Mainframe readiness falls behind schedule

The majority of federal mainframe sites will be affected by the Year 2000 date problem and many of these sites have left little time to correct and test their systems according to a study released this month by International Data Corp.

IDC reported that 83 percent of mainframe sites it surveyed cited moderate or high degrees of date sensitivity for mainframe-based applications. Only 3 percent reported no date sensitivity.

The IDC study which did not identify the sites was based on interviews with 36 federal employees at IBM Corp.-compatible mainframe sites. The Year 2000 problem stems from the common use of two-digit year indicators in many software hardware and firmware installations which will cause systems to recognize the "00" in 2000 as 1900 and cause calculation errors or computer shutdowns.

The bulk of the work to fix the problem is at least six months out including planning purchasing products fixing and testing systems IDC reported.

Agencies Set Sights on 1998

But a sizable fraction of agencies will not finish that work until late 1998. About a quarter of federal respondents said the completion of fixing code is more than two years away and a third of the respondents said the completion of code testing also is more than two years away.

By pushing deadlines into late 1998 however agencies are leaving little time to make adjustments for work slippage or to conduct further corrections if testing reveals problems said Steve LeCompte vice president of IDC Government Market Services.

Agencies "will be pushing the deadline by going out that far " LeCompte said. "They will put themselves under a lot of pressure."

"I still see a lot of denial and procrastination " said Nancy Peters director of business development at Software AG Federal Systems Inc. Reston Va. "It can take longer to fix things than they think."

Peters said some agencies are estimating how long it will take to fix the problem "without full knowledge of what they have to deal with. They haven't done a thorough impact assessment of how much more needs to be done." Software AG along with partner Computer Horizons Corp. is marketing Year 2000 tools and services to agencies.

Tom O'Hare president of the Government Information Technology Executive Council and associate commissioner for systems operations at the Social Security Administration said levels of preparedness vary from agency to agency. He said the problem is twofold: evaluating agency applications and ensuring that hardware and software products are Year 2000-compliant.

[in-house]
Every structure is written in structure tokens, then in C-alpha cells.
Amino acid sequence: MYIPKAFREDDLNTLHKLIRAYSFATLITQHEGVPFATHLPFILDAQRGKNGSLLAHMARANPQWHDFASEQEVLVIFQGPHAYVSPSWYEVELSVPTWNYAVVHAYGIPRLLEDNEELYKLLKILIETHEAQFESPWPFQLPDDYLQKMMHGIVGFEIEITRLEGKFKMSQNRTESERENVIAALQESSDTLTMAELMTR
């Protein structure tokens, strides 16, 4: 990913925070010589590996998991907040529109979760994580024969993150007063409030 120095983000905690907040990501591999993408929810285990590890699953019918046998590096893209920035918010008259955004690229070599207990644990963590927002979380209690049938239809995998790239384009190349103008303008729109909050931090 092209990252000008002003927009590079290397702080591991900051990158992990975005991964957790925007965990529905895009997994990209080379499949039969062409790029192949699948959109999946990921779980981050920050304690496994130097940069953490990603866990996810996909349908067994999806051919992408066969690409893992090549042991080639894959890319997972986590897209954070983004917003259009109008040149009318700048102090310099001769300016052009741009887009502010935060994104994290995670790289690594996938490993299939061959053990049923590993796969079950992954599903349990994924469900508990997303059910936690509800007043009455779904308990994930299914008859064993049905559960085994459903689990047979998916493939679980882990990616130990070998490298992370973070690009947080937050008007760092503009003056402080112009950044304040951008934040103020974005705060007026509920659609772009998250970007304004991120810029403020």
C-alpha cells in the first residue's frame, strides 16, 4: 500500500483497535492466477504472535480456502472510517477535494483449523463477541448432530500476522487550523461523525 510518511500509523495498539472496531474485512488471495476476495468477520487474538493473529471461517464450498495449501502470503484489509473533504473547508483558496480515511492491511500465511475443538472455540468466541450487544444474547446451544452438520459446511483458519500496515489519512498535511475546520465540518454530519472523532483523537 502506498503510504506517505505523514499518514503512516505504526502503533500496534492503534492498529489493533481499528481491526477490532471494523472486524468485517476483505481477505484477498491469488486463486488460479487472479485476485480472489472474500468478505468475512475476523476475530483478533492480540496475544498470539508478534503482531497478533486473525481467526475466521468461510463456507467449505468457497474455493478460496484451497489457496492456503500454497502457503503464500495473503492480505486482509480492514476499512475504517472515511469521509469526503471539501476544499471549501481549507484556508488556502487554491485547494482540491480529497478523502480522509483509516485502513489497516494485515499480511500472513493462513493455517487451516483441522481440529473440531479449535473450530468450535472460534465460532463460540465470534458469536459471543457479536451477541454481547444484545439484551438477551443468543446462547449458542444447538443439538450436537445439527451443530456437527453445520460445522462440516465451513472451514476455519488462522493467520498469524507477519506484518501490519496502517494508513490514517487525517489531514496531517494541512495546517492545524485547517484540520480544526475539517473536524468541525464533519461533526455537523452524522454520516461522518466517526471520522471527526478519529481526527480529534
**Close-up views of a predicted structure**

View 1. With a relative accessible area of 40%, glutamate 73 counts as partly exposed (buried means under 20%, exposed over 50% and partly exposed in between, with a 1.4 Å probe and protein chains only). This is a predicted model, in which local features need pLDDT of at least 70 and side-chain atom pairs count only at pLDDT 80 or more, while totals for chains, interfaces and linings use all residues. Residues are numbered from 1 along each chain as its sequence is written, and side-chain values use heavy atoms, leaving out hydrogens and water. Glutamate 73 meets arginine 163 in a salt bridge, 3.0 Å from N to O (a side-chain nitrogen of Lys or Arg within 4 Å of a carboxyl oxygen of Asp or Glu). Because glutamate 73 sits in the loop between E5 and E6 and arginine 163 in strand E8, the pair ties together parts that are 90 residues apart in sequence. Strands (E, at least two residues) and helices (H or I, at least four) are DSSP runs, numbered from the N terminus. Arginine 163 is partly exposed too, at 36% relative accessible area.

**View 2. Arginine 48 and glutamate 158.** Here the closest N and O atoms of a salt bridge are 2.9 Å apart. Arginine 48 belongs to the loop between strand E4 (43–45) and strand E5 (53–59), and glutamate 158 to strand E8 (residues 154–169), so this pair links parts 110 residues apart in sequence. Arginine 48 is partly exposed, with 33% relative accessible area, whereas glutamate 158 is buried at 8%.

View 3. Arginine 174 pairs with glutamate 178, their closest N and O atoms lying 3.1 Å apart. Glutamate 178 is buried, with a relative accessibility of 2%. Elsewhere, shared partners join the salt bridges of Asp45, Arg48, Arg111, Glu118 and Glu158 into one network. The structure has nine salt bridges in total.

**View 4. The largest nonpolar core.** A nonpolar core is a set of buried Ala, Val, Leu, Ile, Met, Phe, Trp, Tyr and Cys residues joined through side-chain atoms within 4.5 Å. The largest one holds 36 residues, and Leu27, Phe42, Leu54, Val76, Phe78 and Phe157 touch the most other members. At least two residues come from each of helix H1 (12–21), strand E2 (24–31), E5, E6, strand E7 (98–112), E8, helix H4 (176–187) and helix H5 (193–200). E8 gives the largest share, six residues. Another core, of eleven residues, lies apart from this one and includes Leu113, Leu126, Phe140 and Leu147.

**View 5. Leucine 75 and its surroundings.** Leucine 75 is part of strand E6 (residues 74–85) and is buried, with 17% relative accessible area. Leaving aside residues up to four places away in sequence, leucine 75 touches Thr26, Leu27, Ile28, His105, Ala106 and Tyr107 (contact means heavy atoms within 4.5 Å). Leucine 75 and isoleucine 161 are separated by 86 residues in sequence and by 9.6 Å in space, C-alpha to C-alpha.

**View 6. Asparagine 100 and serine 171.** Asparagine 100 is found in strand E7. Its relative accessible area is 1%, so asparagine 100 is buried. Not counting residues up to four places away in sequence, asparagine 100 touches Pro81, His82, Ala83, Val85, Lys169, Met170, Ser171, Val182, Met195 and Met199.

To help agencies the council formerly the Council of Federal Data Center Directors is developing a database of Year 2000-compliant products. The database will list products that are currently compliant and provide information on when other products will become Year 2000-compliant. The database will track PC-related products as well as data center products. It is expected to be accessible via the Internet in about a month.

Testing Challenge

The testing phase which is the last step in the Year 2000 fix "is probably the most arduous part of the process " LeCompte said.

Year 2000 testing requires agencies not only to verify that their own code works but also to evaluate the interfaces between systems that exchange information - a potential problem for mainframe sites.

According to the IDC report 69 percent of the respondents said their agencies exchange date-sensitive mainframe data with other agencies and 31 percent said they exchange date-sensitive data with state and local governments. "That's a whole other level of testing " LeCompte said.

Some agencies already are moving to check applications that interface with other systems.For example the Environmental Protection Agency's Research Triangle Park data center has included electronic data interchange applications in its Year 2000 plan said Walter Shackelford chief of the scientific computing branch at the EPA's Research Triangle Park facility. He said the data center has embarked on a three-year plan to address the Year 2000 issue and is looking for software tools to test applications.


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